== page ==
Europe may well return to its bad old ways - or maybe it will somehow be salvaged, who knows? But the miracle of Zionism means that finally, after two millennia, we are no longer its defenseless victims. We are free.
Protest against Shabak torture of Jewish children, outside the Shabak chief's house in Jerusalem - Dec, 19, 2015 Photo Credit: TPS
More than 1000 Israelis protested outside the home of Shabak (Shin Bet) chief Yoram Cohen in Ramot, Jerusalem. They are protesting against the ongoing administrative detentions and torture of the "Hilltop" minors, according to a TPS report.
The Shabak is Israel's secretive internal security agency, the "Hilltop" youth are teenagers, many of them high school dropouts, who move to empty hilltops in Judea and Samaria and try to build new homes and communities there, and the "Jewish Unit" is a unit within the Shabak that is tasked with finding Jewish terrorists, whether they exist or not.
The detained youths were not allowed to meet with their families or lawyers for 3 weeks.
After some of the detained minors were finally allowed to meet with their lawyers last week, and the torture techniques being used on the teenagers became public knowledge, a groundswell against the Shabak's "Jewish Unit" tactics has begun to develop.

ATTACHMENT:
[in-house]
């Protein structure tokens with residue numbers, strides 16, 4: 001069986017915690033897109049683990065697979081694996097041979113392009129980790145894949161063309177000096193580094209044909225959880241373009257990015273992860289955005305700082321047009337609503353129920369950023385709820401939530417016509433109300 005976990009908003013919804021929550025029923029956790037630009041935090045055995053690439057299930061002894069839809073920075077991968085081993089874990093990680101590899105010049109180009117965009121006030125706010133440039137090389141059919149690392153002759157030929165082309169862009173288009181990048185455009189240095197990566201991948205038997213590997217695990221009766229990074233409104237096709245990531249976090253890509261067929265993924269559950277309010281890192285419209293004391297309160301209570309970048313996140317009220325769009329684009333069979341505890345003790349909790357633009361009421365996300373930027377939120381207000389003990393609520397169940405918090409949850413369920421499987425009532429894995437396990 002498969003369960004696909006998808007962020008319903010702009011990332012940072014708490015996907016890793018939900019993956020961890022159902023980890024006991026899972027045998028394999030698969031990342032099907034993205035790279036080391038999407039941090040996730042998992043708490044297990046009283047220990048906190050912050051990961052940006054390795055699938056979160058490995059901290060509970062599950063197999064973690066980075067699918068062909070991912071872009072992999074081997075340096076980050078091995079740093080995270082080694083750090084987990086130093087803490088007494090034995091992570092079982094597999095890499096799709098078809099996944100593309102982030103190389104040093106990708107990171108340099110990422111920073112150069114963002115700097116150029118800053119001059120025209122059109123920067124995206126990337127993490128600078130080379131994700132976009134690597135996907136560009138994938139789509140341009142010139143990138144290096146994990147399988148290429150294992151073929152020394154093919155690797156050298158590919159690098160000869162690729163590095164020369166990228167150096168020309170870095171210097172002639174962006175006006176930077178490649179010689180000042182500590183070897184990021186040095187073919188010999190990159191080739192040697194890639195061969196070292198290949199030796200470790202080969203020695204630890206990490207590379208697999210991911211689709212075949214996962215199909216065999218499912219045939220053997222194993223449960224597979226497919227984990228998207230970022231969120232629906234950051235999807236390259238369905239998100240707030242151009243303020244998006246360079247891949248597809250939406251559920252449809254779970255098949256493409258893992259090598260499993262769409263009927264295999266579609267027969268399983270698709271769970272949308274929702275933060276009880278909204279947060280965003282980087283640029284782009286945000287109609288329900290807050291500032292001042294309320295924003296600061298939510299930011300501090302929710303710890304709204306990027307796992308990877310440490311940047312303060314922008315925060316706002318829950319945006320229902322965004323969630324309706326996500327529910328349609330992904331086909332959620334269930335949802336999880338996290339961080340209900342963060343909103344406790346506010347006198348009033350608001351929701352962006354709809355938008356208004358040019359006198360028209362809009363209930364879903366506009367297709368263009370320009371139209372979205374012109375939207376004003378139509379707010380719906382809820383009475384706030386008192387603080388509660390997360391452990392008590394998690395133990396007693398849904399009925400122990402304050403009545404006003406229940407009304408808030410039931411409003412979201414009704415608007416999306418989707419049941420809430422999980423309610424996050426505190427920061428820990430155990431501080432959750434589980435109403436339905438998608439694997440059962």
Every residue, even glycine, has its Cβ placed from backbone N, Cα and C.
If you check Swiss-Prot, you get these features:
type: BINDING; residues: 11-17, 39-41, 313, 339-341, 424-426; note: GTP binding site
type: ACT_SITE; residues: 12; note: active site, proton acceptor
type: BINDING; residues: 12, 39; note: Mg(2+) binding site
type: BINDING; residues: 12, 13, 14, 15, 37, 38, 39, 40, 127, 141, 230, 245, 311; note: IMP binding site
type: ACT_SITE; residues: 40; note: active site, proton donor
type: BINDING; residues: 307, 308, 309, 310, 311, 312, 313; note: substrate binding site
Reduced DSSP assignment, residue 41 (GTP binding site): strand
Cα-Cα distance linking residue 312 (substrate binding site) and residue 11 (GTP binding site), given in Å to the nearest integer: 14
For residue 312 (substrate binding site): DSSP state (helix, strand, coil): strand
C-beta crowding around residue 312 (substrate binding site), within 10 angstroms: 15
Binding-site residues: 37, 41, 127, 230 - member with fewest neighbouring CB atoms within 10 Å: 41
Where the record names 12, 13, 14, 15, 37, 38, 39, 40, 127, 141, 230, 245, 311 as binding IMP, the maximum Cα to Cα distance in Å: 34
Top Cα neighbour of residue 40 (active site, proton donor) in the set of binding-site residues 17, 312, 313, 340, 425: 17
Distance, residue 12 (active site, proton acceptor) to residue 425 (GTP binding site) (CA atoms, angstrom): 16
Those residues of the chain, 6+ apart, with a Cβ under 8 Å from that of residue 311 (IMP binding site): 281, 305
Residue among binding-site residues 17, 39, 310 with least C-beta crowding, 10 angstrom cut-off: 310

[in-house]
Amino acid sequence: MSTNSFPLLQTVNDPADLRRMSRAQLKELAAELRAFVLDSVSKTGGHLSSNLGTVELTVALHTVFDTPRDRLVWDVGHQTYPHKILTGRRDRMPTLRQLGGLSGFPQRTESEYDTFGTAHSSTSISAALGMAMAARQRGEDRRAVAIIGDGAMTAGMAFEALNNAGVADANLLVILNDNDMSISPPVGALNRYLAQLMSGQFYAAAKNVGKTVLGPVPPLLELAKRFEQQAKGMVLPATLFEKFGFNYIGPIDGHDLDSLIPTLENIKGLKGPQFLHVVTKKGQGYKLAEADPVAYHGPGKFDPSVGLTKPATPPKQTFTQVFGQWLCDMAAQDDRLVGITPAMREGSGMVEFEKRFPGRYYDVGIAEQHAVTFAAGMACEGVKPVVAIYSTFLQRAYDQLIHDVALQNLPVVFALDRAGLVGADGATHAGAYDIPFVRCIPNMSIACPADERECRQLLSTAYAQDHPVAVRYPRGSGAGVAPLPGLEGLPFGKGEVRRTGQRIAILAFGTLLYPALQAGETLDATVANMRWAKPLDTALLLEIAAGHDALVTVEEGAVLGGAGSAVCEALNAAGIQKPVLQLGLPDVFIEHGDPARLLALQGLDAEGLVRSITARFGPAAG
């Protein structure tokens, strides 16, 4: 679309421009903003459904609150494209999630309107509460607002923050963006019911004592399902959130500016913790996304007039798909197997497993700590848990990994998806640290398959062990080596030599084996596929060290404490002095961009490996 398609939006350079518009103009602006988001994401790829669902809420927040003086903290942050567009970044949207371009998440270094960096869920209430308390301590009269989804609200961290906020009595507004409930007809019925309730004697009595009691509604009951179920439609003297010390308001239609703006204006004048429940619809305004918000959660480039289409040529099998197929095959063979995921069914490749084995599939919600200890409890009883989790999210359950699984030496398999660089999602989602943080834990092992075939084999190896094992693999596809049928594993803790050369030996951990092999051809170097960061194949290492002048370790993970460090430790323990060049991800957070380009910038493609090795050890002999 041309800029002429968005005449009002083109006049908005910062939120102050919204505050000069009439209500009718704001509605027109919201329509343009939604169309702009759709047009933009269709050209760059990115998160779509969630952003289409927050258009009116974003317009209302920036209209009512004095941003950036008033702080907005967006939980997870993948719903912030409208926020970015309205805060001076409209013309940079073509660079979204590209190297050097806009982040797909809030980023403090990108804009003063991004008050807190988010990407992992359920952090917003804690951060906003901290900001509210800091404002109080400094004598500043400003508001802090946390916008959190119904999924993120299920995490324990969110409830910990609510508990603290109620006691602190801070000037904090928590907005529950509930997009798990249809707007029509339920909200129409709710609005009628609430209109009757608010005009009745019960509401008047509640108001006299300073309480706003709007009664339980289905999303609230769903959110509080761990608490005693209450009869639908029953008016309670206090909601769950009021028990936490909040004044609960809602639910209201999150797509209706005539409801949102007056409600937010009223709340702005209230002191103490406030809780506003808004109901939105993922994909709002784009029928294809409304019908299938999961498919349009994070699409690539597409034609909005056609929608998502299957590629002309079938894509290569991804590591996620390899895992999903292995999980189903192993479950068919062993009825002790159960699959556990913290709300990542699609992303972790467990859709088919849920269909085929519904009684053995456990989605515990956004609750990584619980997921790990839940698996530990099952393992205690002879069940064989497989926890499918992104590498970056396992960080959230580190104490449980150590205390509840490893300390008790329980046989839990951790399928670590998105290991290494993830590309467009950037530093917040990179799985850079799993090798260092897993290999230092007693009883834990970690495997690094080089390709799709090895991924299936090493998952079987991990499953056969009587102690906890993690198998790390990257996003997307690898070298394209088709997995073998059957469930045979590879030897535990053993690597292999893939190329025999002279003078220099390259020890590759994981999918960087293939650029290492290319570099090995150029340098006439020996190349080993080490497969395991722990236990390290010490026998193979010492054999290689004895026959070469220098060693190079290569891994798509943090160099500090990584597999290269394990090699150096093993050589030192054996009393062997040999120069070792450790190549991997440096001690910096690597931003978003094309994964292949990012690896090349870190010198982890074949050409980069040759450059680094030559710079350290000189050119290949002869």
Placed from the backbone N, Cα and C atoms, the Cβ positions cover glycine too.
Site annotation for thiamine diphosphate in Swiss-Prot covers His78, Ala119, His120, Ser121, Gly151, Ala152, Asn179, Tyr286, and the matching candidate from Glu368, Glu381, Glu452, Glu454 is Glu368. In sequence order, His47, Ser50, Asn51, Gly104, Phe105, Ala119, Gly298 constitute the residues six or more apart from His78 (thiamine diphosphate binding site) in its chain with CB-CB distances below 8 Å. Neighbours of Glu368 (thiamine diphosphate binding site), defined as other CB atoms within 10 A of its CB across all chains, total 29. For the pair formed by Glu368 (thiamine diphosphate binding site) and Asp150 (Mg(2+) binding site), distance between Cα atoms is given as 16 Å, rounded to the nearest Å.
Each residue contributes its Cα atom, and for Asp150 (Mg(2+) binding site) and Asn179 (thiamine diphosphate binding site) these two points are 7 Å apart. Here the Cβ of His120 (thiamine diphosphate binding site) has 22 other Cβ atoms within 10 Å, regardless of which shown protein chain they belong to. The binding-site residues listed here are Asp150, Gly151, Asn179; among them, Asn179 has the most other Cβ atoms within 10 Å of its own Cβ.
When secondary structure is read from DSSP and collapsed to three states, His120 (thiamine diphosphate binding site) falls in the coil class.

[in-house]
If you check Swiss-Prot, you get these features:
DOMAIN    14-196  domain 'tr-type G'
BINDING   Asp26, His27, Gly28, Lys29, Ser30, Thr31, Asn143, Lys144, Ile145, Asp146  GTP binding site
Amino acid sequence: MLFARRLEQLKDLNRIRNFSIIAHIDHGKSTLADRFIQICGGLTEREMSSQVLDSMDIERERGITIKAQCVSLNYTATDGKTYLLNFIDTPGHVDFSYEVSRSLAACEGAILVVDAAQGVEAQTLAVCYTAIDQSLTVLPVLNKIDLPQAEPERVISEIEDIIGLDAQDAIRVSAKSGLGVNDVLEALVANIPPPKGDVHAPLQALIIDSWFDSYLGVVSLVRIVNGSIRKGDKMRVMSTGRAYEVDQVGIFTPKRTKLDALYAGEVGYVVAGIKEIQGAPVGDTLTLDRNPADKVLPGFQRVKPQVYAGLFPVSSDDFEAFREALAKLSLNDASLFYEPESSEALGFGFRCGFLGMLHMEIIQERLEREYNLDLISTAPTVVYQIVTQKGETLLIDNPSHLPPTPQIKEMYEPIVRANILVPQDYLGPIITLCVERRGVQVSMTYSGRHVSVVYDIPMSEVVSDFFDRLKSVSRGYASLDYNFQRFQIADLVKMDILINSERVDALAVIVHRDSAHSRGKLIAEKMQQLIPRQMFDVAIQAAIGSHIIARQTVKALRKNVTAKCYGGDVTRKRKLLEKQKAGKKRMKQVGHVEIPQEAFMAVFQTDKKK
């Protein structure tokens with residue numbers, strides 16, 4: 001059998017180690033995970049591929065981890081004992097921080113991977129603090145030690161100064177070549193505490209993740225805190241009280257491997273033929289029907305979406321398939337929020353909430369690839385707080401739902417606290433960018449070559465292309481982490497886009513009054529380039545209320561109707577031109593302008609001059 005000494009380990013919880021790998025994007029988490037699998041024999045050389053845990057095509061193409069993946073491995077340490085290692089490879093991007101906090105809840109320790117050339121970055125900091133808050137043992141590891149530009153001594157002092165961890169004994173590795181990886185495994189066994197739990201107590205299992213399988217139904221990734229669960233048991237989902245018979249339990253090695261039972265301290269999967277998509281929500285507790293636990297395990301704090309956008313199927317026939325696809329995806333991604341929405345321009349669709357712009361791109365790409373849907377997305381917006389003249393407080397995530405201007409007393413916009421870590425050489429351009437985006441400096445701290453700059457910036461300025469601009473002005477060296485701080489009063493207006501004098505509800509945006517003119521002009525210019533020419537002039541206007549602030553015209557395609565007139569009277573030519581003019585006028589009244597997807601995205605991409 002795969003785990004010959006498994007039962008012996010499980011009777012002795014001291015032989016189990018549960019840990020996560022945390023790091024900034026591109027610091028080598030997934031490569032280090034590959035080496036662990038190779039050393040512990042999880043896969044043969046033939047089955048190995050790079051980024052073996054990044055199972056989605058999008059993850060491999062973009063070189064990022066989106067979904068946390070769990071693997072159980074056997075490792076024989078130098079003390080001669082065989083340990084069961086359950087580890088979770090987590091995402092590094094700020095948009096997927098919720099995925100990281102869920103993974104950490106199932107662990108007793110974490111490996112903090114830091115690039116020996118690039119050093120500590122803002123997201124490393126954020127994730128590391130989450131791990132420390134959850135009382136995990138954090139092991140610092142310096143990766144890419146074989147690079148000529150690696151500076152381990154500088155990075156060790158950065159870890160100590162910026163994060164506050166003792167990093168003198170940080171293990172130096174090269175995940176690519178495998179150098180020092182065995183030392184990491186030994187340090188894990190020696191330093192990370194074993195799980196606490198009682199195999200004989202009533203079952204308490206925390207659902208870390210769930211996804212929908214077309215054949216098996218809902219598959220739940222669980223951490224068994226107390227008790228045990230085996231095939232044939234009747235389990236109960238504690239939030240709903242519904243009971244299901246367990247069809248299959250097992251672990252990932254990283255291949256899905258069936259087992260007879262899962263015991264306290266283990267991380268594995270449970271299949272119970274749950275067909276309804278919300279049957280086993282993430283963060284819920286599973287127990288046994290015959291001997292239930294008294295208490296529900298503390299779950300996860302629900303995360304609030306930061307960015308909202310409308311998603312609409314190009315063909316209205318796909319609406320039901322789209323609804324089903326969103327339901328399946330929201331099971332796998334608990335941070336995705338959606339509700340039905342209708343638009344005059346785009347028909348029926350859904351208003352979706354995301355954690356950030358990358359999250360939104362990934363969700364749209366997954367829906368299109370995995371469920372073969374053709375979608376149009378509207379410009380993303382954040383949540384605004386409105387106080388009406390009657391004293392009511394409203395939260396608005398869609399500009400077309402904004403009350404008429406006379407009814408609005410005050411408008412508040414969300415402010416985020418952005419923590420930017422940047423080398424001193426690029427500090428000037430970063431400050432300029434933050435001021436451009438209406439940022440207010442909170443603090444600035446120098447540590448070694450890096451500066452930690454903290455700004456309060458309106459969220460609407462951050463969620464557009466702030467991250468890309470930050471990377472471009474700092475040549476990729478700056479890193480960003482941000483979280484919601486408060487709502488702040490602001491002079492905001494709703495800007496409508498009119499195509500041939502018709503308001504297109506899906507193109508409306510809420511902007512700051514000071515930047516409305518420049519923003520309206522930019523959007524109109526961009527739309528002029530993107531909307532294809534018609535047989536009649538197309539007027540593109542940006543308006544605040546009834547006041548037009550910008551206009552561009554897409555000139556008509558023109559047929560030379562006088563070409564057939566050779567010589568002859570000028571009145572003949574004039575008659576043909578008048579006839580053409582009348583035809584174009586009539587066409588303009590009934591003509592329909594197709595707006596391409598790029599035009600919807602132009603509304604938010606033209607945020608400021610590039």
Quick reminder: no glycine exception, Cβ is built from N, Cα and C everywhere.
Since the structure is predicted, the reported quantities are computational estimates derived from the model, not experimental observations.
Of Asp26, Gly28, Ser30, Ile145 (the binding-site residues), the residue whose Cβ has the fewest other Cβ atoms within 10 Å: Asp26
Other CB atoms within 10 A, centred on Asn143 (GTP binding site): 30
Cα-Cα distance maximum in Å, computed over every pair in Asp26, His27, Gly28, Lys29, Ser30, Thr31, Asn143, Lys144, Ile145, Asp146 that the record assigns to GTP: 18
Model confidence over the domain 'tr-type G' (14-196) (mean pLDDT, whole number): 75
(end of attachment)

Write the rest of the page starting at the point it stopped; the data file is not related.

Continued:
Besides the administrative detentions of the teenagers, the Shabak keeps bringing other family members in for "questioning", sometimes keeping them for hours, only to let them go right before Shabbat.
While arresting yet another minor at his parent's home last week, the Shabak allegedly told the parents that he wouldn't be seeing his T'fillin (religious articles) for a long time.
Police have also arrested 4 people who were on the way to the Saturday night protest. According to the Honenu legal organization they were subsequently released.
After most of the protesters left, a few dozen people tried to approach Cohen's house.
Due to the reports of torture, Rabbi Dov Lior has given special permission for their lawyers to speak with the youths on Shabbat by cellphone, and even travel to where they're being held, if needed, according to an INN report.
Even leftwing NGOs are beginning to speak out against the actions of the Shabak.
The Shabak released a statement last week claiming that all their actions are within the law.